You Don’t Need To Tolerate A Hostile Work Environment
Every workplace has a culture, which consists of the behaviors, attitudes and beliefs of all workers and the ways in which they interact with one another. Some workplace cultures are healthy and productive. Others are toxic and destructive.
When a workplace culture is destructive and the harm is focused on a few workers or a group of workers, it often meets the definition of a hostile work environment, which is illegal. If you’ve been a victim of a hostile work environment, my firm may be able to help you correct the problem and/or seek financial restitution.
What Are The Signs Of A Hostile Work Environment?
Bad interpersonal relations, low morale or isolated incidents of inappropriate behavior don’t usually constitute a hostile work environment. Instead, the actions/words must typically be repetitive and aimed at individuals or a group belonging to the same protected class. Examples of a hostile work environment can include:
- Sexual harassment (perpetrated by men or women against men or women)
- Frequent use of racial slurs and intimidating acts against employees of a certain race (such as vandalizing personal property, putting nooses in someone’s locker, crude drawings, etc.)
- Persistent unfair and unequal treatment of a certain group compared to others in the office
- Unwanted physical contact and/or comments about a victim’s protected class (sexist jokes, racist jokes, disparaging older workers, unwelcome touching, etc.)
- Frequent disparaging comments and actions regarding an employee’s religious practices, cultural dress/traditions, ethnic food choices, accent or anything else that sets them apart as ethnically “other”
What Are The Protected Classes?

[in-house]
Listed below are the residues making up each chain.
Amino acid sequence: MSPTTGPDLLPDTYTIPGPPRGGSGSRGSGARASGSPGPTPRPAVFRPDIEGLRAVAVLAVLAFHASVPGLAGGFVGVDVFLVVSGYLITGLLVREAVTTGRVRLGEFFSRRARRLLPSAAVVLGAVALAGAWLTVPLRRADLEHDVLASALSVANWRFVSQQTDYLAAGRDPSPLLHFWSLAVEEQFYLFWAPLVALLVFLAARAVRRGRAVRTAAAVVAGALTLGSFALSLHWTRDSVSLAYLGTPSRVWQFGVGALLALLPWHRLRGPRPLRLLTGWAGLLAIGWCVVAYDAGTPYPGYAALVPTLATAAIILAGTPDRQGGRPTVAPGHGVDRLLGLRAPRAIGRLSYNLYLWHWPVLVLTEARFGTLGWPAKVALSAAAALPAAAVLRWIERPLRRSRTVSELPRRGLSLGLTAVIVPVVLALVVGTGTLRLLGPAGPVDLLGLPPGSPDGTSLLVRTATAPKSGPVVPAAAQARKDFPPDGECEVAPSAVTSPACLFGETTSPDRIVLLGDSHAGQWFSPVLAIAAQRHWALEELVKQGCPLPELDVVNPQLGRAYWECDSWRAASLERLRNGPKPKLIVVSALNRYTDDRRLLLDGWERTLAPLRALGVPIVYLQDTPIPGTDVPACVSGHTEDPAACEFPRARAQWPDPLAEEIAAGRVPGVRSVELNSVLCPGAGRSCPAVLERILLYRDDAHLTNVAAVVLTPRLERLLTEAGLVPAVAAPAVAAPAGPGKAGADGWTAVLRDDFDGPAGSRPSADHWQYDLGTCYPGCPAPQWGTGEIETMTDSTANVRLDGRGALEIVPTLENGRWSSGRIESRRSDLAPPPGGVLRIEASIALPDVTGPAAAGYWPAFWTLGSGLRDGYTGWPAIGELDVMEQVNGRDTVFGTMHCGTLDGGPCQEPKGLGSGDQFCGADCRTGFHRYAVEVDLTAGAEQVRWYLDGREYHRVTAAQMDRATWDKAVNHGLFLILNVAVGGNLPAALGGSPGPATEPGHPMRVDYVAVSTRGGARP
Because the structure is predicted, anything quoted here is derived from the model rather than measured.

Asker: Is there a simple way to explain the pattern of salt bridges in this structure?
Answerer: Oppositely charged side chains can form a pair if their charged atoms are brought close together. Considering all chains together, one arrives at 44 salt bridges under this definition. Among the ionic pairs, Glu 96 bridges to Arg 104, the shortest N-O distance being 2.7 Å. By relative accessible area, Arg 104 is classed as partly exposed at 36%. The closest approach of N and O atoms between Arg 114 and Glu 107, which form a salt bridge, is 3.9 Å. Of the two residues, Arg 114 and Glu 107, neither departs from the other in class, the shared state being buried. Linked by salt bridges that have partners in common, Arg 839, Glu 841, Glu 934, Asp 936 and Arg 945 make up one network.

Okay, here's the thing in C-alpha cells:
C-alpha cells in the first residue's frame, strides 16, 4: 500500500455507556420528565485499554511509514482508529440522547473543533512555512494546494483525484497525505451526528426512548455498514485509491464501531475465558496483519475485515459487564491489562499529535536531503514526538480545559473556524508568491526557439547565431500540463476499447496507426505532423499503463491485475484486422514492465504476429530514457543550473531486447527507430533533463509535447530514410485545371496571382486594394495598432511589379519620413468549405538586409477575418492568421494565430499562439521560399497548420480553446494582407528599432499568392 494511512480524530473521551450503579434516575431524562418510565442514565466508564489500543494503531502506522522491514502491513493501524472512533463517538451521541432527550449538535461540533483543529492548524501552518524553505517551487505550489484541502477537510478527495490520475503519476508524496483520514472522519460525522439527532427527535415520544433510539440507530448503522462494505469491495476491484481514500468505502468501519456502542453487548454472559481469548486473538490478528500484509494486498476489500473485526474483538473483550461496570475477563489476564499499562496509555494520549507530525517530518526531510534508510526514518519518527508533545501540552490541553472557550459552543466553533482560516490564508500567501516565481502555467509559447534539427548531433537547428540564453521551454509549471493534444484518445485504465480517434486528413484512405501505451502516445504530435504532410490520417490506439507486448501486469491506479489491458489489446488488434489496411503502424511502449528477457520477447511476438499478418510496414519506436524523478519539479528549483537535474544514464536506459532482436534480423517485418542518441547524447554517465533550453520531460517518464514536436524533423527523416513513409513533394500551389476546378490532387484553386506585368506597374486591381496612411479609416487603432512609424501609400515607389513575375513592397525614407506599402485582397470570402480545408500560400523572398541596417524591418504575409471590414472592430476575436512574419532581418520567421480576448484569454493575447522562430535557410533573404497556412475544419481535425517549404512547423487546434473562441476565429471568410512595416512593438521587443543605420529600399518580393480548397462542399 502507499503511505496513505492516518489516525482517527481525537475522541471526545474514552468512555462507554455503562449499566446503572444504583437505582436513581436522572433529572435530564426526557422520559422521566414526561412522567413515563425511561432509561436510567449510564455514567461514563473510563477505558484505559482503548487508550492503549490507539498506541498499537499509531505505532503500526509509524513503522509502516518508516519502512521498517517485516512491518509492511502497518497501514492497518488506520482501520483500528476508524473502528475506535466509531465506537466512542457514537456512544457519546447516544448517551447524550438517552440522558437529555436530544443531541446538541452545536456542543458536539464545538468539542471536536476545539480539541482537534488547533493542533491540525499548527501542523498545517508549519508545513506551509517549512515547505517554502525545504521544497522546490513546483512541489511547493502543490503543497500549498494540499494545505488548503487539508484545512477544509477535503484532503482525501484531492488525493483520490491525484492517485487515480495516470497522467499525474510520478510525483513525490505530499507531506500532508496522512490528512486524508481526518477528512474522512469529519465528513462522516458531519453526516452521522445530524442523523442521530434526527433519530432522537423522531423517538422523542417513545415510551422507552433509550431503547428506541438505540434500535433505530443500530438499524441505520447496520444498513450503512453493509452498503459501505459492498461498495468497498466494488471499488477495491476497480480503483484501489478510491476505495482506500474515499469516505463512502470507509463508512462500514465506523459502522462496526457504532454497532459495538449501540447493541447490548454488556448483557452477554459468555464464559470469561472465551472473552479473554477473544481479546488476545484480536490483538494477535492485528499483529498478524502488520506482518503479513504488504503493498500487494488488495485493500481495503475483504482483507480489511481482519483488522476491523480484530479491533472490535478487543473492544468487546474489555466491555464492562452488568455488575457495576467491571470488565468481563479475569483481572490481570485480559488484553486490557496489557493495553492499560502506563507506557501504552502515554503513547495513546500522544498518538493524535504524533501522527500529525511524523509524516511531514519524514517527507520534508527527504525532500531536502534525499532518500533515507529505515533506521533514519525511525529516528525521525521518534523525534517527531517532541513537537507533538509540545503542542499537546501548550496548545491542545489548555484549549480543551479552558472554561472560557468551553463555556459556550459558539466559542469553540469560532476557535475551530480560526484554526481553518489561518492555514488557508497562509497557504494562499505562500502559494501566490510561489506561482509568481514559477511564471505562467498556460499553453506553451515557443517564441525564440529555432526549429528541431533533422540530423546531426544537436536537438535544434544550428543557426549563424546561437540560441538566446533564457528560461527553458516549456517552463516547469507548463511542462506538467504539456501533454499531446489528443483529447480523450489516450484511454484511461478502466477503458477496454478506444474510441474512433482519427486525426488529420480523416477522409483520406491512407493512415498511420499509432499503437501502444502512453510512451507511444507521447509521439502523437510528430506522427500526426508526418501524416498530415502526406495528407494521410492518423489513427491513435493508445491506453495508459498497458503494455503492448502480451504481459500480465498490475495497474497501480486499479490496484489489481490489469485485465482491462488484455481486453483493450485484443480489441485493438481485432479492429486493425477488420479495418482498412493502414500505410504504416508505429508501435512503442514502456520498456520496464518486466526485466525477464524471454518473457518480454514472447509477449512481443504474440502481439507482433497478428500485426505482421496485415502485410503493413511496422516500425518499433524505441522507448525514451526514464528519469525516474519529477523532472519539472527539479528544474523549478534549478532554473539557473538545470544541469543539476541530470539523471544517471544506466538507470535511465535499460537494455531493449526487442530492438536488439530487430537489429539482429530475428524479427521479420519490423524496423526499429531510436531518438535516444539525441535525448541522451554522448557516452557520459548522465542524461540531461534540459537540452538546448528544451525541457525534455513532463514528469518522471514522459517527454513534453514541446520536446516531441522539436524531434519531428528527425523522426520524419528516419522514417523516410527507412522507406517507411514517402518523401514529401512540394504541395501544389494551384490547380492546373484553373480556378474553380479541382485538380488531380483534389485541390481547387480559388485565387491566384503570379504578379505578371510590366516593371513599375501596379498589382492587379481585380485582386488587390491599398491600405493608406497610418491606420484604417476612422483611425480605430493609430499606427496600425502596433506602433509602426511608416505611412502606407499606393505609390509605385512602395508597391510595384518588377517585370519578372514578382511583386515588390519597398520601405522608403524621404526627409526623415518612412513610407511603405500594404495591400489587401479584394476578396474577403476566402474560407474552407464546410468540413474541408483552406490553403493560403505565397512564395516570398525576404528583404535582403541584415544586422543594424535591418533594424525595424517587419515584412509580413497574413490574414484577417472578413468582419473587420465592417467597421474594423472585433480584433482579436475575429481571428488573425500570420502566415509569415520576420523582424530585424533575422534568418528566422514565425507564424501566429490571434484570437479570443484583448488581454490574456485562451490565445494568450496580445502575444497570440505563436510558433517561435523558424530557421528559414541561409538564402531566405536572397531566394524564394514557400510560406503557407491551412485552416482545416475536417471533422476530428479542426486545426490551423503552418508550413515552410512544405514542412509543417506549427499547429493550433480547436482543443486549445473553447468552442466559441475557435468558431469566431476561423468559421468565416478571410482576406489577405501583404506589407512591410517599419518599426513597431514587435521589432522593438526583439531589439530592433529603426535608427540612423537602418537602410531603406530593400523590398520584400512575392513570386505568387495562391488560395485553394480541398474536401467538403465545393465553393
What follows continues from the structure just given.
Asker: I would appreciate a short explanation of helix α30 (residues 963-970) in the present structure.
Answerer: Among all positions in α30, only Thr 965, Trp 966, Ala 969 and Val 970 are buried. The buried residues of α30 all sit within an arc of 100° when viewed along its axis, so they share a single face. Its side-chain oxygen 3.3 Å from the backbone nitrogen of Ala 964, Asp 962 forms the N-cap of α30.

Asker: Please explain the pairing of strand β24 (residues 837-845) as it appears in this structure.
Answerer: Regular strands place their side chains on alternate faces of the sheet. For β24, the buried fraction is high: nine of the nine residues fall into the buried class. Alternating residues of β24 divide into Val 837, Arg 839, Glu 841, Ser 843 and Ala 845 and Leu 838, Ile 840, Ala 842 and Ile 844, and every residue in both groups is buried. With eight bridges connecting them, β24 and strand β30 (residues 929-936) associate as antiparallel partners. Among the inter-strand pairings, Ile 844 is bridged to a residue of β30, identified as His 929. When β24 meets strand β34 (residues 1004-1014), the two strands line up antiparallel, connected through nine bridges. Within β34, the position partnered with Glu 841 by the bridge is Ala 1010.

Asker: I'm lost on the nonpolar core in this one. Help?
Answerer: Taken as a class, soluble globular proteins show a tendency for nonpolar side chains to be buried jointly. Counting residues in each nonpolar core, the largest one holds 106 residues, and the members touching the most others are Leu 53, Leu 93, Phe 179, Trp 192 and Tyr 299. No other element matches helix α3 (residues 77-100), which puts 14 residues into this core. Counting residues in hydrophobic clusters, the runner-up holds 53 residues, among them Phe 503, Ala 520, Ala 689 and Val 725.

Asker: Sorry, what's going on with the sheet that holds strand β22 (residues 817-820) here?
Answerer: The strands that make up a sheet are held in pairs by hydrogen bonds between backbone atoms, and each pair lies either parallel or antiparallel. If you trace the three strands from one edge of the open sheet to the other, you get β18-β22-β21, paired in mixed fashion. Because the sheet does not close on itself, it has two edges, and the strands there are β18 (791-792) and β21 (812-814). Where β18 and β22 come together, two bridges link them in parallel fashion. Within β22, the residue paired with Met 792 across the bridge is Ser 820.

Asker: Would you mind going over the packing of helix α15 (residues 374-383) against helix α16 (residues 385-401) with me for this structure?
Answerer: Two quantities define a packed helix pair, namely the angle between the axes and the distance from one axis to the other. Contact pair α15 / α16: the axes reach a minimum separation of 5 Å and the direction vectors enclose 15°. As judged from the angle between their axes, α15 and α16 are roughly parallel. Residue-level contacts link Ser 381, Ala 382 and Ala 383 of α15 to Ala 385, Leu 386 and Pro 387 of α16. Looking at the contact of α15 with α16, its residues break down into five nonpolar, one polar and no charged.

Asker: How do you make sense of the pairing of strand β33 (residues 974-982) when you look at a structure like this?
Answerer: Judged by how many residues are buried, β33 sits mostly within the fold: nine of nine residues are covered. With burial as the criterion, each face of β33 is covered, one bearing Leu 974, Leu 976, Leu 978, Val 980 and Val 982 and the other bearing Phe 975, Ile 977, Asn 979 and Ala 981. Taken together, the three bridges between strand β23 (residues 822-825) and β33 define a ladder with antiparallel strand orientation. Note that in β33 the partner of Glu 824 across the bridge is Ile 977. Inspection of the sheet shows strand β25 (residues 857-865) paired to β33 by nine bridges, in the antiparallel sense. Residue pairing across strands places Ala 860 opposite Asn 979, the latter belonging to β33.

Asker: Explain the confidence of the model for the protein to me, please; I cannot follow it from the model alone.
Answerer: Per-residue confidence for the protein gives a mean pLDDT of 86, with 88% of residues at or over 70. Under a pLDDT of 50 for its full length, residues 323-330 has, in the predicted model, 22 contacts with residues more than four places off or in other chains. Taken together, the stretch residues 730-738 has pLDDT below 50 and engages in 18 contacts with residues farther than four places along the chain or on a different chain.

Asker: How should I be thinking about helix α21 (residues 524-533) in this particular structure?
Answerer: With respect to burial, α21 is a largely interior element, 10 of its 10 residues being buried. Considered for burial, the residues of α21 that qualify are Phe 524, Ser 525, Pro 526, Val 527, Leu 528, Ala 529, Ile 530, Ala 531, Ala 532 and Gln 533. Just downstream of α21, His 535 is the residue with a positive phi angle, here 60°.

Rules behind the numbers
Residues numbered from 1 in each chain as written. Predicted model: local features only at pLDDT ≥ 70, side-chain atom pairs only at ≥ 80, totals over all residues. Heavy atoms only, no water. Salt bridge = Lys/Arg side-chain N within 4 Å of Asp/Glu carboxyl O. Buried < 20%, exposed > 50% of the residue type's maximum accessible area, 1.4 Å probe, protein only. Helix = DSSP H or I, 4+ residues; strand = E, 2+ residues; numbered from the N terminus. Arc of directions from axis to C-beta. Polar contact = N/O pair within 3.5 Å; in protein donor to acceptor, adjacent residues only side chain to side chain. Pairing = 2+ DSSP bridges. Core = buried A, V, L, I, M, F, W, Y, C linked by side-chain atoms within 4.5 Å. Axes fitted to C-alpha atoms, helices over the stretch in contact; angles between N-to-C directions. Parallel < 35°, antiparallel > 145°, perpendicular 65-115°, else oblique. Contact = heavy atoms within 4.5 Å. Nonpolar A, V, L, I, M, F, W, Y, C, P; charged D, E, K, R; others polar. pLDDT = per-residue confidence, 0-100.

Certain classes or characteristics are defined and protected under federal law, Colorado law or both. The following characteristics are protected classes under both state and federal law:
- Race or color
- National origin
- Gender (which includes related medical conditions like pregnancy, childbirth and breastfeeding)
- Citizenship status
- Disability or perceived disability
- Genetic information
- Age (for employees 40 and older)
- Sexual orientation or gender identity (per a 2020 U.S. Supreme Court ruling)
In addition to those cited above, Colorado law also prohibits discrimination or harassment based on:
- A person’s AIDS/HIV status
- Mental illness
- Military status (including veterans)
- A person’s lawful conduct outside of work
- Marital status, including being in a civil union partnership
Actions that violate these protected classes can be reported federally to the Equal Employment Opportunity Commission or Colorado’s Civil Rights Division, depending on the circumstances.
Not Sure You Have A Case? Contact My Firm.
Wilbur Smith, P.C., is based in Boulder, and I proudly serve clients throughout the area. To discuss the details of your case and learn more about your legal options, contact my office to arrange your initial consultation. Simply call 720-805-1002 or fill out my online contact form.